Located at the base of the 109-year-old Santa Monica Pier in Southern California, the Deauville Basin can harvest up to 1.6 million gal of storm water runoff from the pier’s downtown drainage basin. From there, storm water runoff is diverted for treatment at the Santa Monica Urban Runoff Recycling Facility and distributed for non-potable uses.
“The project, which bid in May 2017, was originally designed as a modular precast system,” said Shane Strick, project manager for Oldcastle Infrastructure. “After evaluation of the project’s unique design and specification requirements, Oldcastle proposed the use of a precast panel vault system in lieu of a conventional modular system as a value engineered solution.”
Creating the 262-ft long by 78-ft wide by 12-ft tall basin presented unique challenges due to soil and load obstacles. The basin was constructed on sandy soil with a water-table at grade and 15 ft of compacted backfilled soil supporting a surface parking lot over the basin. Additionally, the system needed to be water-tight when filled with up to 1.6 million gal of storm water runoff and pass a mandatory 24-hour leak test.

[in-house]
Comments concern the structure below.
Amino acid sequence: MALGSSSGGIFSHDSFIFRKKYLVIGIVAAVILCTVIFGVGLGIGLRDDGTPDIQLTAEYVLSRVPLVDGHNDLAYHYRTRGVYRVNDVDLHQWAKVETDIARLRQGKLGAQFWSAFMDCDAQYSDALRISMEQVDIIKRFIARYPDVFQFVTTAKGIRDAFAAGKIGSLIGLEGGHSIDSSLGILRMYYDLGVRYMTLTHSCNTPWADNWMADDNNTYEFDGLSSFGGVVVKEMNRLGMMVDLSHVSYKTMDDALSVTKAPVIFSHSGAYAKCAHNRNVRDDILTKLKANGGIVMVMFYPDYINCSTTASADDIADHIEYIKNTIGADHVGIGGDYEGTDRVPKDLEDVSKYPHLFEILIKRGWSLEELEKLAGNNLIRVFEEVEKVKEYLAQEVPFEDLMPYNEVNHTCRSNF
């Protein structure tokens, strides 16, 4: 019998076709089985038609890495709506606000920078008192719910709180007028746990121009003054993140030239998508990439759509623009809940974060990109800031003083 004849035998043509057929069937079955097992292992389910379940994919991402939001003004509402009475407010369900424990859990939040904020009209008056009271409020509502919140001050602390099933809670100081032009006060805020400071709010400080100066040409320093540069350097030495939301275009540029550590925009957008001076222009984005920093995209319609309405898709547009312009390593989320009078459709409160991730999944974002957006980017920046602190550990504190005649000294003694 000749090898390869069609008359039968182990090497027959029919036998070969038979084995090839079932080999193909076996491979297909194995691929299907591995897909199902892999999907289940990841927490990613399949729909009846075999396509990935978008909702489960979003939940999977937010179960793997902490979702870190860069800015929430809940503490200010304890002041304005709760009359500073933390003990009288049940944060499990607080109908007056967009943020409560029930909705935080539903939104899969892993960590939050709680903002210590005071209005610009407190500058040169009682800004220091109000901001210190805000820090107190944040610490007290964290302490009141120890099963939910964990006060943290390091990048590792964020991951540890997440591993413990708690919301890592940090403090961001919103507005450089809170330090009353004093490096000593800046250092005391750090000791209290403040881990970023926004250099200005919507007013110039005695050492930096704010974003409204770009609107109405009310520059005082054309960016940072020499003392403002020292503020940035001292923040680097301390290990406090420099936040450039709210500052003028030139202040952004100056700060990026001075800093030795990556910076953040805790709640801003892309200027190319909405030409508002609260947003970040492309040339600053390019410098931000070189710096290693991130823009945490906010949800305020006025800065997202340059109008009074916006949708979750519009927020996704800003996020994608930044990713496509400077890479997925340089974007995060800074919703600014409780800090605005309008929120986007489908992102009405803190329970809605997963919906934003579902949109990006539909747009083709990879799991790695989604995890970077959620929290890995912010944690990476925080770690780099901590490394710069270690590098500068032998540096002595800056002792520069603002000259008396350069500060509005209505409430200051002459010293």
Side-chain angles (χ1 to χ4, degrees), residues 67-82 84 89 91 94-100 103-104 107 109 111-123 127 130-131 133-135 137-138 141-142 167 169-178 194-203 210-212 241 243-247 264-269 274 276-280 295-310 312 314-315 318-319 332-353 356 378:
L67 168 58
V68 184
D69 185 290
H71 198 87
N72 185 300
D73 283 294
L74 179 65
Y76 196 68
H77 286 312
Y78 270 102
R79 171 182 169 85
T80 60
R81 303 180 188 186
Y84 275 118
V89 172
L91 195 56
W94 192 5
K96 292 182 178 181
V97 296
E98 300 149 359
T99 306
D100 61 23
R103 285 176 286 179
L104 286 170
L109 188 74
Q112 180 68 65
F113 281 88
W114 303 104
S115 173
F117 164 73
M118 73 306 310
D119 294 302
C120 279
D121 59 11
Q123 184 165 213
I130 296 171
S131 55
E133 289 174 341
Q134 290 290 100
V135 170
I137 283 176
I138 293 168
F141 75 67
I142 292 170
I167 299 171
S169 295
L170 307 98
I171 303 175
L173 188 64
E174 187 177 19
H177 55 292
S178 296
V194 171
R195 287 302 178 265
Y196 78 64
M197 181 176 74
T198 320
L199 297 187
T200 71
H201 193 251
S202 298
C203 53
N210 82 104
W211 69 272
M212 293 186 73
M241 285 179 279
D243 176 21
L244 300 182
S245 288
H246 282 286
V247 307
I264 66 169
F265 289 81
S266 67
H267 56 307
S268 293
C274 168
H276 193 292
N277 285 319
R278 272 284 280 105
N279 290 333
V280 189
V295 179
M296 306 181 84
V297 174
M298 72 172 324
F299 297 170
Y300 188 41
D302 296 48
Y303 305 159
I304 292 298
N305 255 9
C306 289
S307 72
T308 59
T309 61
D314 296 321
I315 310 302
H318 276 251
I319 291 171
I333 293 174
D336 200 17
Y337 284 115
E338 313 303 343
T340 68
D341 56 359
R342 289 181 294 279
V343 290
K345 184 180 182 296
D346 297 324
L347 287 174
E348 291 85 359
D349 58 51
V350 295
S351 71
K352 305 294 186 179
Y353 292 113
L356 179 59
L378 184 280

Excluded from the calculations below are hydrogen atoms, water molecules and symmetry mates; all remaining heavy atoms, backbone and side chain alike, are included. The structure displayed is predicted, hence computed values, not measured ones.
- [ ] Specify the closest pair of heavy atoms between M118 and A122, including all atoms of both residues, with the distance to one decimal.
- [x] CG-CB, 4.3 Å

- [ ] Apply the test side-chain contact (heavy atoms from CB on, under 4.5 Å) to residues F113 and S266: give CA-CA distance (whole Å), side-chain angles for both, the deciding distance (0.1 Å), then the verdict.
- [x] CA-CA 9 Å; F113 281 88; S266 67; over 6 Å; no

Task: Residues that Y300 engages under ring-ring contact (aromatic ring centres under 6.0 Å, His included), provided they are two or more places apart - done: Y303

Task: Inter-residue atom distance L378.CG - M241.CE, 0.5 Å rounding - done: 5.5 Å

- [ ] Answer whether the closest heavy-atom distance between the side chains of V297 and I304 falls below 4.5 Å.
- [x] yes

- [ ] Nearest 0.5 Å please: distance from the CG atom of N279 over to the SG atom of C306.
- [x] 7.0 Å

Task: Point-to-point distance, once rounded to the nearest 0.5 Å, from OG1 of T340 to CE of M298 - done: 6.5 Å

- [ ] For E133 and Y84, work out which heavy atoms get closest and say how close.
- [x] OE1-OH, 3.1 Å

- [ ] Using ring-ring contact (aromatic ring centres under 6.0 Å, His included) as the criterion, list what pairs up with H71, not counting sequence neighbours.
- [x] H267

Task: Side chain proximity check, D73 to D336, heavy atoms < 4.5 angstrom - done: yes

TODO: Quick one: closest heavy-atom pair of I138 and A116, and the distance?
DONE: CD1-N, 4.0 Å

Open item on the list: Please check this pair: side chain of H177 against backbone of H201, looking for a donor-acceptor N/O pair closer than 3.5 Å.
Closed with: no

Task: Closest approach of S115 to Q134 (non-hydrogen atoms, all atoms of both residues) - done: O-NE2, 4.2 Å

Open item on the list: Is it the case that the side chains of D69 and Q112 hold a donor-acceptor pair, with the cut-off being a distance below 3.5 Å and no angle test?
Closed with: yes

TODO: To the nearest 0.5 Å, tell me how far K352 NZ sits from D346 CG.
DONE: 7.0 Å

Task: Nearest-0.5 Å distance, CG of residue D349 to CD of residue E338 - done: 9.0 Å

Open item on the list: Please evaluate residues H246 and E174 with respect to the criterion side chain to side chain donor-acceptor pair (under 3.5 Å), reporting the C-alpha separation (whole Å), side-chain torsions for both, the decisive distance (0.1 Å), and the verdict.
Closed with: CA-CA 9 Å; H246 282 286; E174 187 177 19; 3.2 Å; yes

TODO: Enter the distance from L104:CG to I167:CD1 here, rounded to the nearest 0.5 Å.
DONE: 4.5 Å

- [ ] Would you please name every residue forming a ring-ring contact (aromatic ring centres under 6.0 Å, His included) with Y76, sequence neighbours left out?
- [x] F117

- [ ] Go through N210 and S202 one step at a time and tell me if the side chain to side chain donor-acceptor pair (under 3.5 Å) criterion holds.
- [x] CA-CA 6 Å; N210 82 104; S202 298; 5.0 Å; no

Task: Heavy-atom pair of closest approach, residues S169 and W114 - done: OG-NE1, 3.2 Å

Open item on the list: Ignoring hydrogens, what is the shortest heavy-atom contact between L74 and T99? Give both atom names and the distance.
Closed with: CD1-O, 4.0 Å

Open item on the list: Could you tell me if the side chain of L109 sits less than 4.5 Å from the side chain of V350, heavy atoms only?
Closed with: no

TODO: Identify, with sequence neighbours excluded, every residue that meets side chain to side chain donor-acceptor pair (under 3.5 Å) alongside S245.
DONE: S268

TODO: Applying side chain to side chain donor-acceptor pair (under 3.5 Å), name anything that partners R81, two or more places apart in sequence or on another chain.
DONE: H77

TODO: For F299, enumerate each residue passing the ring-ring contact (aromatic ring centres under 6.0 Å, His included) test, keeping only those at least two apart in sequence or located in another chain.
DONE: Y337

To meet these challenges, Deauville Basin was designed to withstand hydrostatic loads and hydrodynamic loads without any external support of backfill. The precast panel vault system used 191 precast wall panels and roof slabs.
“Oldcastle Infrastructure’s ability to recognize the need for pursuing an alternative solution that was both practical and economical was key in securing the project,” Strick said. “This successful design-build project was the result of an early and ongoing collaborative effort between the engineer of record, general contractor, [and] Oldcastle sales and engineer group in Southern California.”
Production of the panels and slabs at the Oldcastle plant in Fontana, Calif., began Jan. 30, 2018, and was completed March 26. From there, onsite installation went quickly, with installation beginning March 13 and concluding April 3.